Privacy SOS

WSJ protip: don’t get sexually involved with NSA analysts or intelligence contractors

A new Wall Street Journal story confirms that NSA employees have used their unchecked access to troves of personal communications to spy on their loved ones and people they are sexually interested in.

WSJ's Siobhan Gorman reports:

The practice isn’t frequent — one official estimated a handful of cases in the last decade — but it’s common enough to garner its own spycraft label: LOVEINT.

Spy agencies often refer to their various types of intelligence collection with the suffix of “INT,” such as “SIGINT” for collecting signals intelligence, or communications; and “HUMINT” for human intelligence, or spying.
The “LOVEINT” examples constitute most episodes of willful misconduct by NSA employees, officials said.
Let me get this straight (no pun intended): NSA analysts hardly ever use their vast powers to invade the privacy of their romantic interests, but the agency nonetheless has a name for romance-spying? That doesn't make sense.
Common or not, the name they came up with for the practice couldn't be creepier. Sounds like the good patriots at the NSA are confused about what constitutes love — or else they've added the word to their absurdist internal dictionary, where 'up' is 'down' and 'collect' is 'process'.
As far as I'm concerned, using secretive and unconstitutional spy powers to monitor the private communications of someone you have a crush on doesn't mean you love them. It means you are a creep.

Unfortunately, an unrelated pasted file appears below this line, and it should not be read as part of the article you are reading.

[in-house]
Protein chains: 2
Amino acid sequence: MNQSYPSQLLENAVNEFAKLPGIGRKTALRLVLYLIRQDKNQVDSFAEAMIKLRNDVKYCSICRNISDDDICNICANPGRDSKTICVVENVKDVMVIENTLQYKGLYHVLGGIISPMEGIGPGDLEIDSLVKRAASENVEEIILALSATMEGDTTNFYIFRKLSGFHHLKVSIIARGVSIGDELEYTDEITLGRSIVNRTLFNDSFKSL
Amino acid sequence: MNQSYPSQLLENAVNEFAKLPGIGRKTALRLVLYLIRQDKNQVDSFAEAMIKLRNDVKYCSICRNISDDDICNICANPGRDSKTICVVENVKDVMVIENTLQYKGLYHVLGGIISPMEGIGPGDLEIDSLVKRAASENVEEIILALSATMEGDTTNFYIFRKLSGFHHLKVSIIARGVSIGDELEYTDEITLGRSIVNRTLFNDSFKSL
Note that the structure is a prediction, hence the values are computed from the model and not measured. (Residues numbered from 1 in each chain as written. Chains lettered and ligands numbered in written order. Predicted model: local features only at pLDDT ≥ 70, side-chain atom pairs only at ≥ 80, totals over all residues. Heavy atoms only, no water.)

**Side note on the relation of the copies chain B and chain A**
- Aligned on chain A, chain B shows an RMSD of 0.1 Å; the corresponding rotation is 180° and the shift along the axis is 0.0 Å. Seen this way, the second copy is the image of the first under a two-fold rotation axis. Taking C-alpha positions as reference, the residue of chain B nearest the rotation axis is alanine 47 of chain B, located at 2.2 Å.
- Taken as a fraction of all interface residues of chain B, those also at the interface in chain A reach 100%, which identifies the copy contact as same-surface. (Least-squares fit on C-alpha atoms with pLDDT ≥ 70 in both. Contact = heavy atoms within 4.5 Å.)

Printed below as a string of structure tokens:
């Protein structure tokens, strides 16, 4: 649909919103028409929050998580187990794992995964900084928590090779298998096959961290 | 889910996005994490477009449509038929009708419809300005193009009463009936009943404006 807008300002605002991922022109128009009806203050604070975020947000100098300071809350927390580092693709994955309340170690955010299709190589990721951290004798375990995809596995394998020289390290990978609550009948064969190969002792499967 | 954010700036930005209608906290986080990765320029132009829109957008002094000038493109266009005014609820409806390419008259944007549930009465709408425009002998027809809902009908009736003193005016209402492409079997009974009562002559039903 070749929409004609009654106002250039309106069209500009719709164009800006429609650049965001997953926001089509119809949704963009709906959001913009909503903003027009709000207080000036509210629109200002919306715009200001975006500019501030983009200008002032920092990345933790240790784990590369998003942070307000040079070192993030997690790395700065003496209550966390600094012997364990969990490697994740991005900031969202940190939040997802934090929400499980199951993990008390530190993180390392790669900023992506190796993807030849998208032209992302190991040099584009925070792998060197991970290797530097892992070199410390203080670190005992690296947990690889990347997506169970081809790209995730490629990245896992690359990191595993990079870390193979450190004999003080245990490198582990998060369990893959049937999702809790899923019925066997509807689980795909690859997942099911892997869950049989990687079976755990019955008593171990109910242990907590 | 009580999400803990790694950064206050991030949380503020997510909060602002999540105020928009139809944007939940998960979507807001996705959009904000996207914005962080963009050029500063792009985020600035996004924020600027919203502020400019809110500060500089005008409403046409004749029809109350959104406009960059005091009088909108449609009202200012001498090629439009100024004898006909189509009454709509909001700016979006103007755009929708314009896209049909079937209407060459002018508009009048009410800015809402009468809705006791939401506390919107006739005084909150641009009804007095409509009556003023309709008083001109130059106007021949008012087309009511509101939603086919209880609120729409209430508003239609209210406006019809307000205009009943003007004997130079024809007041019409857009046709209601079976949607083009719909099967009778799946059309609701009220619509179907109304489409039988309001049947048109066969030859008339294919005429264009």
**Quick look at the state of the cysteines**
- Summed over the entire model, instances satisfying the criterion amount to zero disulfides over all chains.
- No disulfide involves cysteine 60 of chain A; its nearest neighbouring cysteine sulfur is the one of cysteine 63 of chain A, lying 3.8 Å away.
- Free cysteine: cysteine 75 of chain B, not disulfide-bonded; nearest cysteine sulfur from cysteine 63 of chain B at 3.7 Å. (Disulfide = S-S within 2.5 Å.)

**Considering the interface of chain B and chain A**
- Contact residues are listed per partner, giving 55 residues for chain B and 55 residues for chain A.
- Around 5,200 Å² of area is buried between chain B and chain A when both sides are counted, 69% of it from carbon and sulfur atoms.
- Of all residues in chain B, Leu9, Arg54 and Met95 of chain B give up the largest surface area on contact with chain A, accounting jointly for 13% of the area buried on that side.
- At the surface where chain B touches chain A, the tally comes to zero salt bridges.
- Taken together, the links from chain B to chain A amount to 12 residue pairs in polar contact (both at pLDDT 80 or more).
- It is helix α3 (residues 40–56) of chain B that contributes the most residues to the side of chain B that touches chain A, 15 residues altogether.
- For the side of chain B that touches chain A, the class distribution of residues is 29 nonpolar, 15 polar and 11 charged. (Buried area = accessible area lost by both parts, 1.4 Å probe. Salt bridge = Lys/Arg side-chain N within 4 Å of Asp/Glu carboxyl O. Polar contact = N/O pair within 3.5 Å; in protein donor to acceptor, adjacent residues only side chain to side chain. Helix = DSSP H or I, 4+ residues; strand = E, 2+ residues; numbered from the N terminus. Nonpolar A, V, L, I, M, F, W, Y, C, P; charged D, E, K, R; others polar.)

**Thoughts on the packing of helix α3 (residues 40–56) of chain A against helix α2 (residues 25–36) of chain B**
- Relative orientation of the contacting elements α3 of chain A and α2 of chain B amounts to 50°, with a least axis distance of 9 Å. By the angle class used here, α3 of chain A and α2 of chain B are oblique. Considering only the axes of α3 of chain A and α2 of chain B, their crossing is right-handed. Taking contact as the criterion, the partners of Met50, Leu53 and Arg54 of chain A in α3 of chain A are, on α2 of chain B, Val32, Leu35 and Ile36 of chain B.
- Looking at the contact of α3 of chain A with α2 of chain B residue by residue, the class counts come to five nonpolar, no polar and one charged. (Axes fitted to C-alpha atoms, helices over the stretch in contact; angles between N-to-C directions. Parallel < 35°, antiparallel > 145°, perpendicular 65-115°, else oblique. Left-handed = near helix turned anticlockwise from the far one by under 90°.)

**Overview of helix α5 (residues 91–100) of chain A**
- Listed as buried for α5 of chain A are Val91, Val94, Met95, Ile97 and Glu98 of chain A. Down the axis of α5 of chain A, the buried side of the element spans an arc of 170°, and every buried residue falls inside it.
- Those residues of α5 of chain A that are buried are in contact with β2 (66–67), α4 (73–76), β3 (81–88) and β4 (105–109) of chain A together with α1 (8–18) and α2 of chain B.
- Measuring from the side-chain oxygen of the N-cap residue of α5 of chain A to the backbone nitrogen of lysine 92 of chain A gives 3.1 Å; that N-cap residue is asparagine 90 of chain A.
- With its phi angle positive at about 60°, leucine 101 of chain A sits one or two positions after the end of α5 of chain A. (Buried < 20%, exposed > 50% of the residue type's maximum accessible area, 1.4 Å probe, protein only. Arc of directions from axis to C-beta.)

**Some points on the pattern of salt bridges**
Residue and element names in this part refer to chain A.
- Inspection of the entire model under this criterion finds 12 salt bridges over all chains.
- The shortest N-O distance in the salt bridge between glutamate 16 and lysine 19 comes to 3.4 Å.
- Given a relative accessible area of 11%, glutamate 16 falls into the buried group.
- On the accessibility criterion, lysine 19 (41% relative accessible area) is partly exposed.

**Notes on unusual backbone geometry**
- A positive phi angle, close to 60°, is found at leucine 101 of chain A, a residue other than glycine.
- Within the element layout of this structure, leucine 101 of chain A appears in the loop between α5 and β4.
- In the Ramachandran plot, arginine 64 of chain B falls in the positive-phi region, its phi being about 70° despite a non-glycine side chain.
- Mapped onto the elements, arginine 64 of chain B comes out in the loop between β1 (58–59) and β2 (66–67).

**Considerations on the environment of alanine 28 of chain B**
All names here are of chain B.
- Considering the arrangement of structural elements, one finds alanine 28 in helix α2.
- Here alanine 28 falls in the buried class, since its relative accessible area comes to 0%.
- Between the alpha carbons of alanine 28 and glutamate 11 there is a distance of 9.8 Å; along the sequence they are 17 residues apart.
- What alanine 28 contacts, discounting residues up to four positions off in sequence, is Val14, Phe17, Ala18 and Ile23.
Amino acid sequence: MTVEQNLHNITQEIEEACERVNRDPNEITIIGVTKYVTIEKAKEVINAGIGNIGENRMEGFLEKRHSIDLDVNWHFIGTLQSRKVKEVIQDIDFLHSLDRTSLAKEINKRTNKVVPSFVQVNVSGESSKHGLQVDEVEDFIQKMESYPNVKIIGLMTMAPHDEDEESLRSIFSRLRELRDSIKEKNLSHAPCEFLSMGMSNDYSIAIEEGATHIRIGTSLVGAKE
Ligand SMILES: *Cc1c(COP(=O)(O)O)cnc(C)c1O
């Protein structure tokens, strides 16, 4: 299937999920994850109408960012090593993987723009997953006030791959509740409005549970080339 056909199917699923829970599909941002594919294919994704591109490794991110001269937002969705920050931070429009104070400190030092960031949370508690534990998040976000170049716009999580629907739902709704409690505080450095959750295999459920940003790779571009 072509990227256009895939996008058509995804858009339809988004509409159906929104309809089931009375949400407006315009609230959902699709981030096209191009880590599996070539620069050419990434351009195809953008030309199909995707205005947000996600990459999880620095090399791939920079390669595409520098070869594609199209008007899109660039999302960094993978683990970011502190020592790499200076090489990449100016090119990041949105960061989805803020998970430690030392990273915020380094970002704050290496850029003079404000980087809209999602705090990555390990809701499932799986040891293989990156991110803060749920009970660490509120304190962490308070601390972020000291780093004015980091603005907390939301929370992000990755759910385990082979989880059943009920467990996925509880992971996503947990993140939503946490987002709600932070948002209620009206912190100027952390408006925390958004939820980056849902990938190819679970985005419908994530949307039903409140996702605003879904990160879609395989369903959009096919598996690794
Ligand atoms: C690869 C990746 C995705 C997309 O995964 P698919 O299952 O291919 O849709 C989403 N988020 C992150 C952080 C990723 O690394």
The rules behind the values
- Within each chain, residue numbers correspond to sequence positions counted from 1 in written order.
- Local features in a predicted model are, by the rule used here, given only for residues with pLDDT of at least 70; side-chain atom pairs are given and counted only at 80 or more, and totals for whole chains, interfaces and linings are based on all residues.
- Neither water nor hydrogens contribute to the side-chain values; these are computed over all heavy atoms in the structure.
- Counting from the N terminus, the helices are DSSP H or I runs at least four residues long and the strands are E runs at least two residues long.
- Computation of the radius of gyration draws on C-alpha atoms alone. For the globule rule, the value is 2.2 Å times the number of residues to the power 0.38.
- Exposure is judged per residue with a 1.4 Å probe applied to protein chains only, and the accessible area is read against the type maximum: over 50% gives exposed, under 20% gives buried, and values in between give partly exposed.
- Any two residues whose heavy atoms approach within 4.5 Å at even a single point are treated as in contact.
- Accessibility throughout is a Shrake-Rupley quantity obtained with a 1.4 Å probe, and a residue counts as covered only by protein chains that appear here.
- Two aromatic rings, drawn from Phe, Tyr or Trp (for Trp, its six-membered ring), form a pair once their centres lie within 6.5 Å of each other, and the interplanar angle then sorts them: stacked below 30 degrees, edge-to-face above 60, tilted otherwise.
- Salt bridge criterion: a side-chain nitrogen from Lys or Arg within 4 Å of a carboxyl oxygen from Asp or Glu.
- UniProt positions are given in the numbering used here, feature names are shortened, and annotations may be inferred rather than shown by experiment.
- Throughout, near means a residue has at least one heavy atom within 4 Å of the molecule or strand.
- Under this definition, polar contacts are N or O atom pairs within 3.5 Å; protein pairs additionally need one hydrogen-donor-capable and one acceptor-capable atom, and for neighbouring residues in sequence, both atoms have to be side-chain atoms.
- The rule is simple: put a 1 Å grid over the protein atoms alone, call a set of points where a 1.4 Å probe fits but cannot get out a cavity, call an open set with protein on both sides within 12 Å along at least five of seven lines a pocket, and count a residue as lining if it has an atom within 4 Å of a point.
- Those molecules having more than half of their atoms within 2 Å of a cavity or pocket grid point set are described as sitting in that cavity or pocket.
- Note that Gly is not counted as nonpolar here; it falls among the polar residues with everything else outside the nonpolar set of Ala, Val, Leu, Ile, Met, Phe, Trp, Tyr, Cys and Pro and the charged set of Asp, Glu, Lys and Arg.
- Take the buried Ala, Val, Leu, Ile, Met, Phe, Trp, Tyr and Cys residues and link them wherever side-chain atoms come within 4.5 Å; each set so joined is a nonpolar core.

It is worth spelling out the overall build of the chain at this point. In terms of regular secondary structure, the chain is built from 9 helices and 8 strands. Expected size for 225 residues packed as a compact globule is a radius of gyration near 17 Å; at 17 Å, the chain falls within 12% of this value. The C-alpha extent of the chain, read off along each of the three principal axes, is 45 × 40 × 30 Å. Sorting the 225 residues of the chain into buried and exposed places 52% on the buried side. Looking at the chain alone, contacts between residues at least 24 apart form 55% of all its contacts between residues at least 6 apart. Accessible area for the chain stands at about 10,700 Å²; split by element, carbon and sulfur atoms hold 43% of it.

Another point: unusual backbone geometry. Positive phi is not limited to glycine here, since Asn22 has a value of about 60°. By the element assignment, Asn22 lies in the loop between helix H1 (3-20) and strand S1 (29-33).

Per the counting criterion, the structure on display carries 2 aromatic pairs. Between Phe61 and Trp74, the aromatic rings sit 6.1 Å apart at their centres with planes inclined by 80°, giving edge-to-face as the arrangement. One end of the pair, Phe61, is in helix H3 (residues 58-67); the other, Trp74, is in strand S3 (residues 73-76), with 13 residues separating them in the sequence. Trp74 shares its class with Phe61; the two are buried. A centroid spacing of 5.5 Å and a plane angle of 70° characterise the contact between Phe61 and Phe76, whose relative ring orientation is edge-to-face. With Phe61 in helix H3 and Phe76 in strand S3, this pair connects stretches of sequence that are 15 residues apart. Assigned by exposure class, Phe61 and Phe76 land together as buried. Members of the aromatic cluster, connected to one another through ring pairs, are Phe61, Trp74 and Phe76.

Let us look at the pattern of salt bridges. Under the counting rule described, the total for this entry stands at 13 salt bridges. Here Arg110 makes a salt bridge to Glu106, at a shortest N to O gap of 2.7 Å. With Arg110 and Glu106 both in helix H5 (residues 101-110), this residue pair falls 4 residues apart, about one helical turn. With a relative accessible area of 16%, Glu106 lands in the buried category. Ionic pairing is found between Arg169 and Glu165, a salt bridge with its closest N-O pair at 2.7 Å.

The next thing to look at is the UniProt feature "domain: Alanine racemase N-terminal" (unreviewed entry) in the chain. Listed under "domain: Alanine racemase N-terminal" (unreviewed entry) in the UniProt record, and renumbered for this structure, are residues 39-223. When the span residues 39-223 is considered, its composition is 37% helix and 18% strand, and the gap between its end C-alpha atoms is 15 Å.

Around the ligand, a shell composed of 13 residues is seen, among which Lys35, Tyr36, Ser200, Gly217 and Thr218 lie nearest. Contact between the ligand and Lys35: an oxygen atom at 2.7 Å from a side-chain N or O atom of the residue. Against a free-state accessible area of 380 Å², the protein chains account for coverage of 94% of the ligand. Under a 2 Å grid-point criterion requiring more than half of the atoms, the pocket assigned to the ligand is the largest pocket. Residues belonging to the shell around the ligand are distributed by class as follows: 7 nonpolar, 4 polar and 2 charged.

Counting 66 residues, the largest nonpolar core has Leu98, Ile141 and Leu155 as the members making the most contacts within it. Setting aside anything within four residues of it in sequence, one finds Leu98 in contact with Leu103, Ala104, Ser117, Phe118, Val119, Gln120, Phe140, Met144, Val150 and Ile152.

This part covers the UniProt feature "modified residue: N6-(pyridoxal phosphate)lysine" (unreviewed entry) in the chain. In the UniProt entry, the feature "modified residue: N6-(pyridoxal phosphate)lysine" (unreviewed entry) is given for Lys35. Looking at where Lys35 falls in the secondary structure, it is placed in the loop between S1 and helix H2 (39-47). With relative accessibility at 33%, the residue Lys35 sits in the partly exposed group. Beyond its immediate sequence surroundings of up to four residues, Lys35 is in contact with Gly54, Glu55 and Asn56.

As this story and countless others like it remind us, information collected will inevitably be abused. The only way we can ensure our private communications won't be misused — either to spy on us because we are anti-war activists or because some NSA or Booz Allen analyst thinks we are cute — is to restrict the spies from ever collecting them, unless it has a damn good reason and shows that reason to a traditional court.
Disturbingly, even though NSA analysts were found to have 'willfully' violated people's rights by spying on them for so-called 'romantic' purposes, these violations did not break the law.
NSA said in a statement Friday that there have been “very rare” instances of willful violations of any kind in the past decade, and none have violated key surveillance laws. “NSA has zero tolerance for willful violations of the agency’s authorities” and responds “as appropriate.”
Perhaps instead of asking what the surveillance laws on the books today allow spy agencies and contractors to do, we should be asking: What can't they do? It is likely a much shorter list. If snooping on love interests doesn't violate the statutes governing agency surveillance programs, the laws are worse than we could have ever imagined.
It's well past time to take away the NSA's (and FBI's) powers to warrantlessly monitor our communications, in bulk and in secret. Take action now if you agree.

© 2021 ACLU of Massachusetts.